The extra padding and cushioning did exactly what I had hoped. Rather than backing off on the tarmac sections I found I had a noticeable bounce in my step which encouraged me to push a little harder. Likewise on downhill trail sections, where I traditionally feel myself backing off a little, I really felt encouraged to go faster. My worry that the fat sole would lead to a feeling of instability was definitely unfounded. If anything, in the Speedgoats I feel confident to push harder than I would have in my old barefoot shoes.

The Vibram soles on the ‘Goats felt grippy throughout a range of conditions. As a forest runner in the UK I expect to find the limits of even trail shoes mid-winter and have been known to do the odd run in fell running shoes when conditions are really bad. The lugs on the ‘Goats, while not offering the same grip as my fell shoes (Inov-8 Mudclaws) performed admirably, far and away better than my previous trail shoes (Inov-8 Trailrocs). I was, and am, super happy with the performance, so much so that I will be racing in them this summer in a Spartan race I’m doing in Northern California. I would not race them in the UK as they would not cope with that level of heavy mud but in California I am confident they will be more than grippy enough and comfortable over distance. The ground feel is also excellent. When running trails it is important to know what is happening under your feet without looking down (unless you like falling over). I thought with the padding and thicker sole that I would be giving a lot of that up. I can still get the information I need from my feet but without the feeling of being exposed. Though barefoot zealots dismiss the lack of protection, a bad rock strike just before Christmas convinced me that some protection was a worthwhile thing.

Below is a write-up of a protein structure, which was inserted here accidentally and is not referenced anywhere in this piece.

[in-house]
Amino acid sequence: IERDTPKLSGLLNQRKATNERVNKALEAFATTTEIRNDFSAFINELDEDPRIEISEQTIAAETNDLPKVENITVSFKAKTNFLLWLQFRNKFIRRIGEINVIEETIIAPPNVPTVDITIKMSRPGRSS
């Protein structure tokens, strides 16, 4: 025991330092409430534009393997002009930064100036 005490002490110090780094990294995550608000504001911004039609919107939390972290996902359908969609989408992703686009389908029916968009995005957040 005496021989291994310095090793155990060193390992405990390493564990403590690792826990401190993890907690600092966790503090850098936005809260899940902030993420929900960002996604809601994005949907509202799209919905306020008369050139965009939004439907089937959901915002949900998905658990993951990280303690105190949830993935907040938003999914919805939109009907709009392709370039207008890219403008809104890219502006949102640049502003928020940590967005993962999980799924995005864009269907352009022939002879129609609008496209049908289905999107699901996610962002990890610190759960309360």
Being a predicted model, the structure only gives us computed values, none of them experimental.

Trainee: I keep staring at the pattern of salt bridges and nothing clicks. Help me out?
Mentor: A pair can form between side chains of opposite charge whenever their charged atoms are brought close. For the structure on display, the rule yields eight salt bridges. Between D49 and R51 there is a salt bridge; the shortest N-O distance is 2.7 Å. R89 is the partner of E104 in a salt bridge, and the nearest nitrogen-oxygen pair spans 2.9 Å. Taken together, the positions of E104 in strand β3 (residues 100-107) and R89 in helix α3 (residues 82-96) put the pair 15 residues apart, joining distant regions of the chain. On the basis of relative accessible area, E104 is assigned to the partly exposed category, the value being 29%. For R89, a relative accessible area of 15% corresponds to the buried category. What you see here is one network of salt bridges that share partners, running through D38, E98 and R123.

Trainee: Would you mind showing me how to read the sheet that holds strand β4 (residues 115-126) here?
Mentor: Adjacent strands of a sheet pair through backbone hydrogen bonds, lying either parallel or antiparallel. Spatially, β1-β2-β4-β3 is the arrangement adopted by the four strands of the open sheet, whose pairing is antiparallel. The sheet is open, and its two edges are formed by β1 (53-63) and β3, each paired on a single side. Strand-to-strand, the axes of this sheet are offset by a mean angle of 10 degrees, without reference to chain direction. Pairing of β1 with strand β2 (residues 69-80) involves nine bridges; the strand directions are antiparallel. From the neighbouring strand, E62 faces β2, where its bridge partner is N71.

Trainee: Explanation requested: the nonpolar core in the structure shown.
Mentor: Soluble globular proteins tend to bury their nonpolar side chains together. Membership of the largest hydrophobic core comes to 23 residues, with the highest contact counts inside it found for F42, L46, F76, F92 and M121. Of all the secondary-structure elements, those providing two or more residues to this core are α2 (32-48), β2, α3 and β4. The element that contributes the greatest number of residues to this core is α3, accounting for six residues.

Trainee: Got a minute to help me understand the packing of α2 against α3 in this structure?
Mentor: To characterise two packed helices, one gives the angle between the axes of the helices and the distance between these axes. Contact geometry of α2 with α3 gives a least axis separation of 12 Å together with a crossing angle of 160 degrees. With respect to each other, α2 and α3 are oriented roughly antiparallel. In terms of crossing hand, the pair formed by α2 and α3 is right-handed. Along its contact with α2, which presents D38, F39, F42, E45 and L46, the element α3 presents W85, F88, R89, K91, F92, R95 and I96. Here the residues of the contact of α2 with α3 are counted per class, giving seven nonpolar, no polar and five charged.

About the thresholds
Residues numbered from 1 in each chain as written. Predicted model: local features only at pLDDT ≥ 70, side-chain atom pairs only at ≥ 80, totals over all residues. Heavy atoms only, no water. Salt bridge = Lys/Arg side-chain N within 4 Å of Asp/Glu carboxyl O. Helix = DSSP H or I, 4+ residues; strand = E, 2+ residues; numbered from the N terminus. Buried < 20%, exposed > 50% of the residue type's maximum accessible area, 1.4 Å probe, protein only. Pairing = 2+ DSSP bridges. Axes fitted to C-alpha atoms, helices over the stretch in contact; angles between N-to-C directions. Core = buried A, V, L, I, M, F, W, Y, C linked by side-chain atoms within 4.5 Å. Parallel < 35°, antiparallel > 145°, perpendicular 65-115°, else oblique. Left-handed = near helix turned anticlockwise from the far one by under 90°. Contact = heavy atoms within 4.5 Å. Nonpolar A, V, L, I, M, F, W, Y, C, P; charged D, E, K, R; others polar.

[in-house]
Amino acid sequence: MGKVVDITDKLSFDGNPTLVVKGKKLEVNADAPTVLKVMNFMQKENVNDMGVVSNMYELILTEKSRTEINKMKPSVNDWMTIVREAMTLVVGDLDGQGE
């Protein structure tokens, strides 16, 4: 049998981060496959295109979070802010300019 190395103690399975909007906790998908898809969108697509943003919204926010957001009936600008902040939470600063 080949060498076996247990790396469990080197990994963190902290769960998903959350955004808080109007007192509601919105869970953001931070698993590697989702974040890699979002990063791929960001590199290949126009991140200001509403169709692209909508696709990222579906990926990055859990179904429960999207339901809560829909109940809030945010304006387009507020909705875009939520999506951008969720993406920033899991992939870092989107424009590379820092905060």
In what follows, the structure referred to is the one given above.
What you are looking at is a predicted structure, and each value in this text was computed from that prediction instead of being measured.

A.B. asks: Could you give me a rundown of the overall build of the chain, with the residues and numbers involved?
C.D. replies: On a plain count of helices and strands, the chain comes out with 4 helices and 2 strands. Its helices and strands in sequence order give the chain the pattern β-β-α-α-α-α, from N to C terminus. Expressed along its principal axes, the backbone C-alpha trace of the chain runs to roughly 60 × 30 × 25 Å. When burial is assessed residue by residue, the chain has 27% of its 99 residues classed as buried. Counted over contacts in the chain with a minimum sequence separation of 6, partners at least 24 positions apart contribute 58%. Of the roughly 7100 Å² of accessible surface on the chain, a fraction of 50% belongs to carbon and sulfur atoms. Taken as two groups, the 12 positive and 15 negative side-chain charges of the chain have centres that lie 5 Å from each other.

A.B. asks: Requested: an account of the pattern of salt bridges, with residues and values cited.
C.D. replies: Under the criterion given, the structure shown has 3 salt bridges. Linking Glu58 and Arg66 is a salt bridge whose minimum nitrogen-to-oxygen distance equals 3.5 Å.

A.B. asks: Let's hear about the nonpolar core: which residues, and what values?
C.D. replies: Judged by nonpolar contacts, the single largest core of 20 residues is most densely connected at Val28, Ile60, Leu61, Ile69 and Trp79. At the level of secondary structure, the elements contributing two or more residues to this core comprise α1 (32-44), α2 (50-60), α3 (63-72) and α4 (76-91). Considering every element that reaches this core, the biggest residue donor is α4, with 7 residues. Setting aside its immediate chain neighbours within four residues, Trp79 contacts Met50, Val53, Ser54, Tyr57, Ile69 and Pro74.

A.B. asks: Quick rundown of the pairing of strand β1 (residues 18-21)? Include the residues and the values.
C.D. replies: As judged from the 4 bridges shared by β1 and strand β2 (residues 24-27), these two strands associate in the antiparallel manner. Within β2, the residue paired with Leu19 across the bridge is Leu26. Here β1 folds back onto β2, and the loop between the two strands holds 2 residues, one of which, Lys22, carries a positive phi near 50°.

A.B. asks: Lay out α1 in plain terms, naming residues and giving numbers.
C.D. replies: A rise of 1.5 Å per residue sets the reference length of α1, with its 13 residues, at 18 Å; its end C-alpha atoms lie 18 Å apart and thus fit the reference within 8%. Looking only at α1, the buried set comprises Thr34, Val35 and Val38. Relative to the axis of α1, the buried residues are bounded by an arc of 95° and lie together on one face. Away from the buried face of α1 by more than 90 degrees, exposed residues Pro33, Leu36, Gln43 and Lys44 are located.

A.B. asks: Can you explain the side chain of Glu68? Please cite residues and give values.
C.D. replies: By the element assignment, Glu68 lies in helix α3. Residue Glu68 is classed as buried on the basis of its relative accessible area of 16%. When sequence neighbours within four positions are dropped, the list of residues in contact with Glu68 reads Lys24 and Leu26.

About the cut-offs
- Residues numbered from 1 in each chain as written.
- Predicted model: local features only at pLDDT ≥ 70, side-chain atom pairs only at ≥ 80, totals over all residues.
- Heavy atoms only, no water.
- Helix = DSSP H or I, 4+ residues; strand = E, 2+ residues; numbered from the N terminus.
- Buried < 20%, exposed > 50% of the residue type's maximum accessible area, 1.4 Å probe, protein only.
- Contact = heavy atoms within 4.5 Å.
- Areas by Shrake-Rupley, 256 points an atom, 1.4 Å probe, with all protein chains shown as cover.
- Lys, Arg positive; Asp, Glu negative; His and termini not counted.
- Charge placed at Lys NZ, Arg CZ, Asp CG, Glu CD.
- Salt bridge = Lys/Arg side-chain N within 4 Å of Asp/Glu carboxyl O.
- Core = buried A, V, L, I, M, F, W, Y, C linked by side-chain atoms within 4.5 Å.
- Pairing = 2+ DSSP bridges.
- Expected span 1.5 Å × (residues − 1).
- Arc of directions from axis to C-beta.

Another important ability of trail shoes is the ability to cope with being submerged. I’m not really interested in waterproof socks and the like and so what I am looking for in a trail shoe is the ability to shed water quickly and dry out easily. The perforated upper on the Speedgoats did exactly that with minimal fuss. I am not sure if the easy draining upper will translate to cold in the winter but in that instance I am more than happy to wear thicker socks.

One thing I have learned over the years is I am very hard on shoes. For this reason I decided not to review the Hokas until I had done at least a month in my normal routine of running (about 40Km per week). During that time, other than getting super dirty the Hokas are not showing any visible signs of wear. The soles and lugs are still pretty much fine which is impressive given how soft and grippy they are and the upper is also pretty much unmarked. I am confident I should get at least a year out of these shoes which seems pretty reasonable to me. I paid a smidge under £100 for them though I could have got them on sale for £15 less at another running site (but not in the Red Bull colourway and these things matter dammit).

So, conclusion. I love these shoes. They address all the things I did not like about a fully barefoot shoe in that the cushioning helps over distance, my ankles don’t ache and I do not have a mortal fear of rock strikes. The areas where I thought I was getting a trade off (less ground feel, stability) are actually fine and the grip and build quality are really impressive. I will definitely be looking at Hoka when it’s time to get my next pair of trail shoes.

*Update, since I have written this review I have now written how the shoes have lasted after 1000 kilometres.

Disclosure: I purchased these shoes myself.